Introduction by Croakey: The ACT Labor-Greens government last week said it would prioritise raising the age of criminal responsibility to 14 in the next parliamentary term – the first jurisdiction to act on urging by justice and health advocates across Australia to change laws that currently allow children as young as 10 to be locked-up.
Earlier this year, as we reported at Croakey, Australia’s Attorneys General drew widespread condemnation for their failure to act on advice to raise the age — a decision the Public Health Association of Australia and others described as an example of racial discrimination, as it disproportionately harms Aboriginal and Torres Strait Islander children.
In the article below, Victoria’s Commissioner for Aboriginal Children and Young People, Justin Mohamed, writes that there are multiple challenges in the justice system to the mental and physical health of Aboriginal children and young people — not least the disturbing and growing use of remand in Victoria.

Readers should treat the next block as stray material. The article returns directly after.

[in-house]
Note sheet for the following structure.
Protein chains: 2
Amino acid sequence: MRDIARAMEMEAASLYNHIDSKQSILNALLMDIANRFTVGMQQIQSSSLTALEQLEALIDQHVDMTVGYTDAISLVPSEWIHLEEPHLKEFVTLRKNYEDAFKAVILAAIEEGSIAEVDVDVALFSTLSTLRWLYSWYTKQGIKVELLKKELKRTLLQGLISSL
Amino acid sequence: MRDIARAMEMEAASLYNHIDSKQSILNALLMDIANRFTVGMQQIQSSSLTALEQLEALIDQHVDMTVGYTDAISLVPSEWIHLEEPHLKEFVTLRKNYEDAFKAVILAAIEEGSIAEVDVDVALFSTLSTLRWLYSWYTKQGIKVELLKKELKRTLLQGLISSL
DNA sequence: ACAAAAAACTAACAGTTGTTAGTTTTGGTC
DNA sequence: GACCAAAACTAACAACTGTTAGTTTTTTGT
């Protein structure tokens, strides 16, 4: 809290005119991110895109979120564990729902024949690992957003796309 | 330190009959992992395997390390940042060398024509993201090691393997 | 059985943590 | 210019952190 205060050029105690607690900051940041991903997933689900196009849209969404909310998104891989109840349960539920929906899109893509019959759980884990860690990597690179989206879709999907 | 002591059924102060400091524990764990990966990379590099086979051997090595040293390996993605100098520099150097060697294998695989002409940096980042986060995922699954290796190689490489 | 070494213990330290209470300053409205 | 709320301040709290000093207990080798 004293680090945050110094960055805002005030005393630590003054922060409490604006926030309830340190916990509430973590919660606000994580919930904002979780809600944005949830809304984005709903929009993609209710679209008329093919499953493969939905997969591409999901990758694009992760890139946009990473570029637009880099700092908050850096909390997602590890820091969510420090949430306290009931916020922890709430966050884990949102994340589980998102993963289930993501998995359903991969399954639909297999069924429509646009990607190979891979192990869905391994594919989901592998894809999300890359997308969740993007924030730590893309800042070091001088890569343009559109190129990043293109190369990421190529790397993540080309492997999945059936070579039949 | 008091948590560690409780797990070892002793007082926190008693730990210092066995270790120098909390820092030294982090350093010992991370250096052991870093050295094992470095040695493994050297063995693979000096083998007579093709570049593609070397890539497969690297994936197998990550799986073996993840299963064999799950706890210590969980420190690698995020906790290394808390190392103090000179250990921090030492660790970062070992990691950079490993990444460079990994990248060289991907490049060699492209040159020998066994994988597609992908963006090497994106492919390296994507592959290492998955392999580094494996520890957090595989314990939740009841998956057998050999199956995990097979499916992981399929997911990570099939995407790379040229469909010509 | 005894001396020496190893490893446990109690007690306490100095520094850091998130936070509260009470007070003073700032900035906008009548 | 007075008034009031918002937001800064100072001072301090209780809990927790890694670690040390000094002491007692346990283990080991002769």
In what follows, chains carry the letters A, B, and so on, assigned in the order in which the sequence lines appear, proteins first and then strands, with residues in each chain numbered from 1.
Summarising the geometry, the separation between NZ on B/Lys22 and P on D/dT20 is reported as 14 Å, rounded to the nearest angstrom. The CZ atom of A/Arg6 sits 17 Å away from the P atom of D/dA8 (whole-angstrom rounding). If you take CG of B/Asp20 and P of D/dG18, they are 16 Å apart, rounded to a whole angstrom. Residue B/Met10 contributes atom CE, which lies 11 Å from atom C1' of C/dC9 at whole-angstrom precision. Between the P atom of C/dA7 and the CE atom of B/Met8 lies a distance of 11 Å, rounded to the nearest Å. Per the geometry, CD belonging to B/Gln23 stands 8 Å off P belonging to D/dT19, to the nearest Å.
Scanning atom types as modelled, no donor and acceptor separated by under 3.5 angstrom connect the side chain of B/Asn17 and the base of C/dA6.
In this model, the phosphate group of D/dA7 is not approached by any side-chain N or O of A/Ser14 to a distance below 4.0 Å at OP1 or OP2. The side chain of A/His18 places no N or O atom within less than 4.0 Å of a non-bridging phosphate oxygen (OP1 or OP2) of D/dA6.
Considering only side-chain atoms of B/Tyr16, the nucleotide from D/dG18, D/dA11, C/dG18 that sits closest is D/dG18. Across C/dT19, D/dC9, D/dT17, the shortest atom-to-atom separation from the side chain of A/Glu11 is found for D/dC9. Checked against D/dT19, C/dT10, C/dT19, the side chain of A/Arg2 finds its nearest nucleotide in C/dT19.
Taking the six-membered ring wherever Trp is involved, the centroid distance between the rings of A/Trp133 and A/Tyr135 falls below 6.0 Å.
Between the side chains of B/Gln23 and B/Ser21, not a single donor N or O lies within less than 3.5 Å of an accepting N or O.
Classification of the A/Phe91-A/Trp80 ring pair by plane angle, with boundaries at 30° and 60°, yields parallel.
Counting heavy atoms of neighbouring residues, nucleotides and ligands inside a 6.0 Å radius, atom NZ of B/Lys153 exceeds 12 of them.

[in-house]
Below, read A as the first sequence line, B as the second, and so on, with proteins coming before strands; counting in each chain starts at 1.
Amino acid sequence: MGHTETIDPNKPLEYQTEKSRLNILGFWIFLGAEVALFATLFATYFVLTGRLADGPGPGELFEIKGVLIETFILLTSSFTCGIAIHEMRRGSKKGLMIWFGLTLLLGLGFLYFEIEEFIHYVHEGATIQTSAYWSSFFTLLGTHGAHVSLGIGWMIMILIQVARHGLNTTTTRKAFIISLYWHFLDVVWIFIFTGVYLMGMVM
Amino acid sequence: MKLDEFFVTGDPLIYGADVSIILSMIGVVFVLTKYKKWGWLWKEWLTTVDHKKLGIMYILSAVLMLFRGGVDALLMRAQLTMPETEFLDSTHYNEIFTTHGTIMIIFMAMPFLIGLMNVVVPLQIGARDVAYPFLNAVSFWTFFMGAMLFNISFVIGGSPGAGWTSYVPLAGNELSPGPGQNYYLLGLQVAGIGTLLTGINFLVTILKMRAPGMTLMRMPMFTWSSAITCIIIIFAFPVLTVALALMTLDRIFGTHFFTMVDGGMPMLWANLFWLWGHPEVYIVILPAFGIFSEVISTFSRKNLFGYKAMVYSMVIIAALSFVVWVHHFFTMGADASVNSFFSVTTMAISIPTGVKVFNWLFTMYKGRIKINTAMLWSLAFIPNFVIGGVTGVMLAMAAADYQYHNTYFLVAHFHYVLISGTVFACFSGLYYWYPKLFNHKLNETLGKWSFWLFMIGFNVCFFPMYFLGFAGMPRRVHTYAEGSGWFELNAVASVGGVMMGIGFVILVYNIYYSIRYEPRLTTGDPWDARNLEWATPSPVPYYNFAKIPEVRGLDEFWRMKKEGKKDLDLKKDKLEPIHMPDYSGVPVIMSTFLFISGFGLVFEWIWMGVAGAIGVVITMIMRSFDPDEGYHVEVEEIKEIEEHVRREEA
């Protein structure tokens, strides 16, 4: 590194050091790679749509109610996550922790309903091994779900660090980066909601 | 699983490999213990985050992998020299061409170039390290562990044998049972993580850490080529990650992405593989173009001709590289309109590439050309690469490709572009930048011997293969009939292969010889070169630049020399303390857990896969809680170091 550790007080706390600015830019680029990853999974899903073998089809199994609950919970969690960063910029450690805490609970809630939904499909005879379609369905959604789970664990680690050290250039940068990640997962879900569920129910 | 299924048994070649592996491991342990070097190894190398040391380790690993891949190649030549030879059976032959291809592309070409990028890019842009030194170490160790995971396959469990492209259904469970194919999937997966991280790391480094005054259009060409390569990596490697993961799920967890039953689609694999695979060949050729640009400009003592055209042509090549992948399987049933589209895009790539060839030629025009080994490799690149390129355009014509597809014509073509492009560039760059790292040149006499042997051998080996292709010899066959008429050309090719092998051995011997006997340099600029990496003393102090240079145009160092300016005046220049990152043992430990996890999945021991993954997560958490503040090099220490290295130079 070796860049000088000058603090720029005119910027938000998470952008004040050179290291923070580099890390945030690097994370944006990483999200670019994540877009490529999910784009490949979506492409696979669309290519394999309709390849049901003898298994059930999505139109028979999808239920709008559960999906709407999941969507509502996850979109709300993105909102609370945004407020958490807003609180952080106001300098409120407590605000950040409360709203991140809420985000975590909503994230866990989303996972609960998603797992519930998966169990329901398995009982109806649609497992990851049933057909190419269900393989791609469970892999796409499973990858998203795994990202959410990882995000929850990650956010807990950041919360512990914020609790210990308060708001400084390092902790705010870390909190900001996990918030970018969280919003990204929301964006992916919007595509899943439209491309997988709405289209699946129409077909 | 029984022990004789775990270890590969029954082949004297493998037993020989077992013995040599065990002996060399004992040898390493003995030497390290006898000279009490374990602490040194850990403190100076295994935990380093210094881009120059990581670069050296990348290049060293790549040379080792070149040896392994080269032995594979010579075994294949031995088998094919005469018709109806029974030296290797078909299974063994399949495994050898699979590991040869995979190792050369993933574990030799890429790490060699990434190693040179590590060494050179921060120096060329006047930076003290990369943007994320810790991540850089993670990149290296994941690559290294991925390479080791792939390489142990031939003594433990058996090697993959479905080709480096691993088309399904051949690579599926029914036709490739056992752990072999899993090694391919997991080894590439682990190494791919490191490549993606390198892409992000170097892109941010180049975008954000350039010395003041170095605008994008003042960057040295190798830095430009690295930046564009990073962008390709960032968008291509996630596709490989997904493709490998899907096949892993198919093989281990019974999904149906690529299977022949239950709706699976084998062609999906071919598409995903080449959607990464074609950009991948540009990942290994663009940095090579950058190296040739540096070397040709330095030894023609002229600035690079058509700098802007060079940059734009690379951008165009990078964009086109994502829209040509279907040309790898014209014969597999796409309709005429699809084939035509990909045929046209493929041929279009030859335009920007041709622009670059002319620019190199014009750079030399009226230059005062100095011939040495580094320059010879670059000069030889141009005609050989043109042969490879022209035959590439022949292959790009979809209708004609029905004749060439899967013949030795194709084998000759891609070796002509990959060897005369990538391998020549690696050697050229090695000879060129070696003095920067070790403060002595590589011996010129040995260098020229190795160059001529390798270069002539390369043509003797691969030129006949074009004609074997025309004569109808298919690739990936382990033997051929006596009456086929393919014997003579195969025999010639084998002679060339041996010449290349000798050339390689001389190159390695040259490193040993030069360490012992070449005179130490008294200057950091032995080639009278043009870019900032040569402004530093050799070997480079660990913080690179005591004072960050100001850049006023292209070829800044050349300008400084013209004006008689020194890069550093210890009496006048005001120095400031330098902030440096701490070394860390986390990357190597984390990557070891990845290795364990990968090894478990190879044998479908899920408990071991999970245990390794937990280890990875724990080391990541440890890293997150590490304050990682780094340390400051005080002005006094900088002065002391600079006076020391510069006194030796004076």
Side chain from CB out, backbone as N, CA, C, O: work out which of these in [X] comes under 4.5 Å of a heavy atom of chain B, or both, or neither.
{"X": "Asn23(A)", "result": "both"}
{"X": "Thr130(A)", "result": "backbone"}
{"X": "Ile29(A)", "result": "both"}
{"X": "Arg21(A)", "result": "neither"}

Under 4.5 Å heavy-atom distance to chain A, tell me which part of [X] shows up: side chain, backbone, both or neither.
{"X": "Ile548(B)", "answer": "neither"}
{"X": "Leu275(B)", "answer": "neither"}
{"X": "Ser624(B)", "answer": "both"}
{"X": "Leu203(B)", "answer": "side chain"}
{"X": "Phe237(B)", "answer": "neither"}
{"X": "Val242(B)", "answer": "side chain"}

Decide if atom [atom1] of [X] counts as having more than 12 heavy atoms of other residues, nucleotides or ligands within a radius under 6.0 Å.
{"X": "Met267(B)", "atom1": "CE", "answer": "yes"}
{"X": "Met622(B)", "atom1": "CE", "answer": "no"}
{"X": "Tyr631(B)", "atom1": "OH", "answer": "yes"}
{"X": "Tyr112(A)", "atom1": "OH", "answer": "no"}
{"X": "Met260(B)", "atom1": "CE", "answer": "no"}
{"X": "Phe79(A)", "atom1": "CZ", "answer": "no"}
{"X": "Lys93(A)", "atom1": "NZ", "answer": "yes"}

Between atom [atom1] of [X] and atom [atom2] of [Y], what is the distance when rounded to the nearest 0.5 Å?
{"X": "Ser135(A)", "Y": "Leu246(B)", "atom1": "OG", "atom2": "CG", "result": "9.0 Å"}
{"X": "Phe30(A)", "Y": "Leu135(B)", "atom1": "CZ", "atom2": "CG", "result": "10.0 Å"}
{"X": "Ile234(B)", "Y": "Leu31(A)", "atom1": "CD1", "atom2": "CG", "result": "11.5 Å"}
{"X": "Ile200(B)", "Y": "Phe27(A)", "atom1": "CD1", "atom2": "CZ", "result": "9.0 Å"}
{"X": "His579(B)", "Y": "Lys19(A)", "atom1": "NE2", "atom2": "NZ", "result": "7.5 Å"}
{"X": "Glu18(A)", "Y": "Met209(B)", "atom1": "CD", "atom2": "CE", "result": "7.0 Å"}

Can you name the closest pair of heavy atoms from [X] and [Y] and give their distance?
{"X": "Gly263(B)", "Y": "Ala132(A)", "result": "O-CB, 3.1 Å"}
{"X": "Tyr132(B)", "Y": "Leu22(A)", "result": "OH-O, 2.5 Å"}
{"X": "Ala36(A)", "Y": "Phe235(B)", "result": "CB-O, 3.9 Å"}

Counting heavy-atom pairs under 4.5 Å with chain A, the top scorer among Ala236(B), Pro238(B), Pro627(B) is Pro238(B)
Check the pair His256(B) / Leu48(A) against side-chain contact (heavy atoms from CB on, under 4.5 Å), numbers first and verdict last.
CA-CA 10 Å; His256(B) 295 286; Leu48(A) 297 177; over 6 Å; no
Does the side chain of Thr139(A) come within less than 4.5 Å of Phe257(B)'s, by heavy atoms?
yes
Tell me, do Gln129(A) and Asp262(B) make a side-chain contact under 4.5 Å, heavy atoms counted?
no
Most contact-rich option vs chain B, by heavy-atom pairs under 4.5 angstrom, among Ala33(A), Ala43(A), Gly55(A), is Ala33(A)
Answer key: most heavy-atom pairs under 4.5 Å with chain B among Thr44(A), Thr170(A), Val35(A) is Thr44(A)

As NAIDOC Week 2020 celebrations get underway across Australia, he says that remand takes children from their culture, communities and families, and warns that it is an “unacceptable injustice” if any child is remanded not because of the inherent risk presented by their offending, but because of our inability to provide the supports they need to grow strong and succeed”.
Caption: Commissioner Mohamed is shown, in the feature image above, with a possum skin that will be made into a cloak featuring the stories of young people gathered through statewide youth justice consultations last year.
The cloak will be tabled in the Victorian Parliament with the Commission’s ‘Our youth, our way’ report in early 2021. Using traditional symbols, the cloak highlights resilience, connection to culture and the need for young people to be heard, feel protected and to move forward.
We thank the Commission for permission to use the photo.
Justin Mohamed writes: